1.3 Broad classification(s) of statistical approaches
Over the last few years several papers have reviewed the existing literature on statistical methods for mixtures and provide different criteria for their classifications. Among these, two recommended readings are Hamra and Buckley (2018) and Stafoggia et al. (2017). Simple and relevant classification criteria are the following:
- Supervised vs unsupervised procedures
This first distinction refers to whether or not the mixture is evaluated by taking into account its association with a given outcome of interest. We will discuss in Section 2 that, before evaluating the effects of our exposures on health outcomes, it is important to carefully assess the features of the mixture, especially when this is composed by a high number of components, investigating its correlations structure and identifying the presence of subgroups or clusters of exposures. To this end, we turn to unsupervised techniques that directly focus on characterizing the complex mixture of exposures without any reference to a given outcome of interest such as principal component analysis. Supervised techniques, on the other hand, attempt to account for the complex nature of exposures while investigating a given mixture-outcome association.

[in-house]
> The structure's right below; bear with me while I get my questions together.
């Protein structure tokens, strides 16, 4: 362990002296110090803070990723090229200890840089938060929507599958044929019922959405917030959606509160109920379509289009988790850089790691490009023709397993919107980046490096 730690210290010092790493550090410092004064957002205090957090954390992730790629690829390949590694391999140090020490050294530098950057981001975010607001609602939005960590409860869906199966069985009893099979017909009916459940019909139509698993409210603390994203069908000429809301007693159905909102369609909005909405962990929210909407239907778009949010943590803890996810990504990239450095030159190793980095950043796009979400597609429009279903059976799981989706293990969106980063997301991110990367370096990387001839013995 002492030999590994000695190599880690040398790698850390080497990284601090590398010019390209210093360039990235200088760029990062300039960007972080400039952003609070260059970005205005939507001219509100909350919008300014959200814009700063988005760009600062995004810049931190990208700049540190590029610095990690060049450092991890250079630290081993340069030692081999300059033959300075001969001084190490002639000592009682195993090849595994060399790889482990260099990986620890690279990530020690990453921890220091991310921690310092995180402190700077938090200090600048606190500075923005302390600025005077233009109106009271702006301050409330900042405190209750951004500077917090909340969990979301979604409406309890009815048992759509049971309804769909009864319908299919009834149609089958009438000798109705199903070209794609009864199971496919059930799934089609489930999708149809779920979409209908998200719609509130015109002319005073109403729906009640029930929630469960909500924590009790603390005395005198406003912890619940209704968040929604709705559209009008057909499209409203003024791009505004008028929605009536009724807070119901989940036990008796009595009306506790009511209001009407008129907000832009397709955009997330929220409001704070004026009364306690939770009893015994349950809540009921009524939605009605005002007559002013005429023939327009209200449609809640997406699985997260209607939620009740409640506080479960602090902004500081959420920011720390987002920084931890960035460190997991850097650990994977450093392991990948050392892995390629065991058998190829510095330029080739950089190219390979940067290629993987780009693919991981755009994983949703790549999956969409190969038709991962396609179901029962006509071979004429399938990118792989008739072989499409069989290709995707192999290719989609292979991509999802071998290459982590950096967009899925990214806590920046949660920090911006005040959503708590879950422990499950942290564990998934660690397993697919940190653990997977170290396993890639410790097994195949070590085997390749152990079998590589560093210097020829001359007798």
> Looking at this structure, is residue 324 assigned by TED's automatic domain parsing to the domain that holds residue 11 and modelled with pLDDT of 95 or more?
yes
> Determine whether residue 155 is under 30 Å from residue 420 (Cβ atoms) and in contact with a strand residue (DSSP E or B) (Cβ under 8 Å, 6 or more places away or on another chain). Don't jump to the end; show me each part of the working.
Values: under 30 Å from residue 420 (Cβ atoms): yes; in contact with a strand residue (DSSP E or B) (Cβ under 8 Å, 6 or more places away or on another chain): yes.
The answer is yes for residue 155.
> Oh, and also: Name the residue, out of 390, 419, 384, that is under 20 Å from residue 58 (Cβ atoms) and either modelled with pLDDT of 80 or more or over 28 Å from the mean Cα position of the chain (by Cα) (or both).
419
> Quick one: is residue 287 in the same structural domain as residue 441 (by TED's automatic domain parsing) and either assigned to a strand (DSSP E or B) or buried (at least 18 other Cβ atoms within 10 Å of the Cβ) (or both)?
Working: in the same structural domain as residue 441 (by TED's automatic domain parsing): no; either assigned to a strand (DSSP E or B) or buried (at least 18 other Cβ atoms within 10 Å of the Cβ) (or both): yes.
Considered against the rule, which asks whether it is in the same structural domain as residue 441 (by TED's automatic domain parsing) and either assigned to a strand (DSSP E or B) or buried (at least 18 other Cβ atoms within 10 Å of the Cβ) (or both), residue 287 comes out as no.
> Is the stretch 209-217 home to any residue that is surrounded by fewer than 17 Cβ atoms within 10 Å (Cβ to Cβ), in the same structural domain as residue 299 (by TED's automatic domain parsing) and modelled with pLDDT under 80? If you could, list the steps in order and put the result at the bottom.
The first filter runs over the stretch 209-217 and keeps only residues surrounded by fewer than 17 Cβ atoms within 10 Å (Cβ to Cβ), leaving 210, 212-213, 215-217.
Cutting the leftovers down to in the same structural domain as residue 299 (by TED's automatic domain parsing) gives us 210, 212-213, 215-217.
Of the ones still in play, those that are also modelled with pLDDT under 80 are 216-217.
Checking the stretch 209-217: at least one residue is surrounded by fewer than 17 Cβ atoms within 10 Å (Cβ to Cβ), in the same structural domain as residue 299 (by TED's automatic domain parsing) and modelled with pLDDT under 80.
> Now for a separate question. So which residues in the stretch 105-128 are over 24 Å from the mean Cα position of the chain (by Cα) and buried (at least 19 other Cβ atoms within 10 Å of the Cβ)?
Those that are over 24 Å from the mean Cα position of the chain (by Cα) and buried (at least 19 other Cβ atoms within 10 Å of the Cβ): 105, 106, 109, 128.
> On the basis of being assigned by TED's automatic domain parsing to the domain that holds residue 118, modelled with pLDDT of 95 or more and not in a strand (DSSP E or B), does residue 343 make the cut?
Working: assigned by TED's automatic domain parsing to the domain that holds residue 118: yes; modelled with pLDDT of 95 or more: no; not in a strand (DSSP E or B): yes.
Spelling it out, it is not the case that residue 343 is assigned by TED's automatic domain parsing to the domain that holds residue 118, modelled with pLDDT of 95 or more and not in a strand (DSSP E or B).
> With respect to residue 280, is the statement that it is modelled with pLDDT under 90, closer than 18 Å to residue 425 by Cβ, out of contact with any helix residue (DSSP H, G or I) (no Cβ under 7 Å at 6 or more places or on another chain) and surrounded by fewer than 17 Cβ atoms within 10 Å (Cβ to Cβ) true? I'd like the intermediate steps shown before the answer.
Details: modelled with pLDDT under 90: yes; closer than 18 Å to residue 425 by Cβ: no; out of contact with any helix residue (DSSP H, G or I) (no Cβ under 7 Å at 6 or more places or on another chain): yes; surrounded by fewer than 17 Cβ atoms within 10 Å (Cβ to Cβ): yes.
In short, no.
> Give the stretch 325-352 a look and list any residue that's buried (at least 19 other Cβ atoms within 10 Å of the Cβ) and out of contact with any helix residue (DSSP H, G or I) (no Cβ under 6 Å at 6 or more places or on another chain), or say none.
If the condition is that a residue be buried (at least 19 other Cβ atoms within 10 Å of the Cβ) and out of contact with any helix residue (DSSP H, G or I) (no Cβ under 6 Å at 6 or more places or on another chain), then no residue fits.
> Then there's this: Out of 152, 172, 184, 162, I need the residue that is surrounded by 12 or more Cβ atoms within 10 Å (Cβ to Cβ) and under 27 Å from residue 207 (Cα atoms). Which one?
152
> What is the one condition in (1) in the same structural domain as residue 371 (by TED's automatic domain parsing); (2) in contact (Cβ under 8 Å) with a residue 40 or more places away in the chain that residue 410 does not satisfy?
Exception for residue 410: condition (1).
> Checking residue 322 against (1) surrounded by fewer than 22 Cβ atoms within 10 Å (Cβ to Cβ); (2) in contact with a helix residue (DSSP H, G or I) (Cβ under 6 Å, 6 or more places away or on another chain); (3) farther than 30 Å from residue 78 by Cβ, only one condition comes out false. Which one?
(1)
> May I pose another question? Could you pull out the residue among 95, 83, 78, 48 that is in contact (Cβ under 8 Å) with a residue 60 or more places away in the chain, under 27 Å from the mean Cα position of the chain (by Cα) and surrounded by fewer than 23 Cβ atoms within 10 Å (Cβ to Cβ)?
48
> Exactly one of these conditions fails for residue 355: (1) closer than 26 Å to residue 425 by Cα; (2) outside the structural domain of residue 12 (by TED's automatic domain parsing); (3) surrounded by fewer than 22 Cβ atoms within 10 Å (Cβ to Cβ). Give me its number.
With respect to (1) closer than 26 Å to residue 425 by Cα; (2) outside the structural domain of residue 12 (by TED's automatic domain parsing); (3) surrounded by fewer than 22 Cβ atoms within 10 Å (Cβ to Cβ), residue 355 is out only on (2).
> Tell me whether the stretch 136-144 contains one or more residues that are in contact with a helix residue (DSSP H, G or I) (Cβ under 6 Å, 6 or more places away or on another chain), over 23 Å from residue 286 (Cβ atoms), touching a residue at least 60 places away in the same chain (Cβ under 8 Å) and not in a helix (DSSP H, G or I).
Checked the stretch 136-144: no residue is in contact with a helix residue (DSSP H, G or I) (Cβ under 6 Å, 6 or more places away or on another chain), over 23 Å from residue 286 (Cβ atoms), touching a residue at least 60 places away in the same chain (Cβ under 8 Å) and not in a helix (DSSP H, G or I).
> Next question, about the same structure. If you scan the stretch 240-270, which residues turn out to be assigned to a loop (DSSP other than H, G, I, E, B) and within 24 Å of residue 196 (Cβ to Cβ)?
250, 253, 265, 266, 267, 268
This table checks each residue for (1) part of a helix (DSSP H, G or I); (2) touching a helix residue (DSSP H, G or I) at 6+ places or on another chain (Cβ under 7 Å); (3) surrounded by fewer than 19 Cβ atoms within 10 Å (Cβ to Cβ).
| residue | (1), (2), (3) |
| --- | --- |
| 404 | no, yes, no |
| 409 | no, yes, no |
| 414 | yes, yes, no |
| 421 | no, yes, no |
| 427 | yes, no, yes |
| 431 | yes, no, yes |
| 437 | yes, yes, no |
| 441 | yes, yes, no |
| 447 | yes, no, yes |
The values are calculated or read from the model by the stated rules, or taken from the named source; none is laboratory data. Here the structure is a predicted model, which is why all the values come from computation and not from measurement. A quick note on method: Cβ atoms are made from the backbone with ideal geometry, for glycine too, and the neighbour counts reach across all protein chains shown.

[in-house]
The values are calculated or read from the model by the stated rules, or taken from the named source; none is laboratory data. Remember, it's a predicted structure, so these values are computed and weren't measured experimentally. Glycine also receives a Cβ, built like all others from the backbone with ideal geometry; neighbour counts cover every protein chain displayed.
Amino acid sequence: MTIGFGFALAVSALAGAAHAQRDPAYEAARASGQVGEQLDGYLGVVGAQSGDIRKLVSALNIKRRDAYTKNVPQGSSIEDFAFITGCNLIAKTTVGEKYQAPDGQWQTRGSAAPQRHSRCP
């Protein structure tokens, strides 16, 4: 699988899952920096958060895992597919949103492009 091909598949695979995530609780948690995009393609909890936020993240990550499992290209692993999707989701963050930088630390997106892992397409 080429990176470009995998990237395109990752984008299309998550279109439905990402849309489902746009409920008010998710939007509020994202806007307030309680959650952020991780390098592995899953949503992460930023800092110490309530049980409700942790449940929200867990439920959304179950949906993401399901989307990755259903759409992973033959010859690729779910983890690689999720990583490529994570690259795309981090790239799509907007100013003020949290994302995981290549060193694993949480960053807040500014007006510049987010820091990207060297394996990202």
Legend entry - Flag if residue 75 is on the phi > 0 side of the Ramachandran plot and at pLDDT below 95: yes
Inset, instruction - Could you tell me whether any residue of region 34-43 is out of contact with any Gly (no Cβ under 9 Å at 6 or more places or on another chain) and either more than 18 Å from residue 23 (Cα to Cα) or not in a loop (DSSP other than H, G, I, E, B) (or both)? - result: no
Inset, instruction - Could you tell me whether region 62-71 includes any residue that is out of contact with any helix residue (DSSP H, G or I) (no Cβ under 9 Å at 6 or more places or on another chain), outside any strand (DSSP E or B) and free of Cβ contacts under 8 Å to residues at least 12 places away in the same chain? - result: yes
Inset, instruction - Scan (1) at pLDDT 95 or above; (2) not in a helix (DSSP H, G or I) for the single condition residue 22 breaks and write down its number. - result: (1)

- Data reduction vs variable selection techniques.
The common goal of all approaches that we will discuss is to reduce the complexity of the data to be able to assess mixtures-outcome associations while losing as little information as possible. This is broadly done in two ways: by summarizing the original exposures into fewer covariates, or by selecting targeted elements of the mixture. We can use the term “data reduction approaches” to describe those techniques that reduce the dimension of the mixture by generating new variables (scores, components, indexes ). On the other hand, methodologies that select specific elements of the mixture that are directly evaluated with respect to the outcome can be defined as “variable selection approaches.”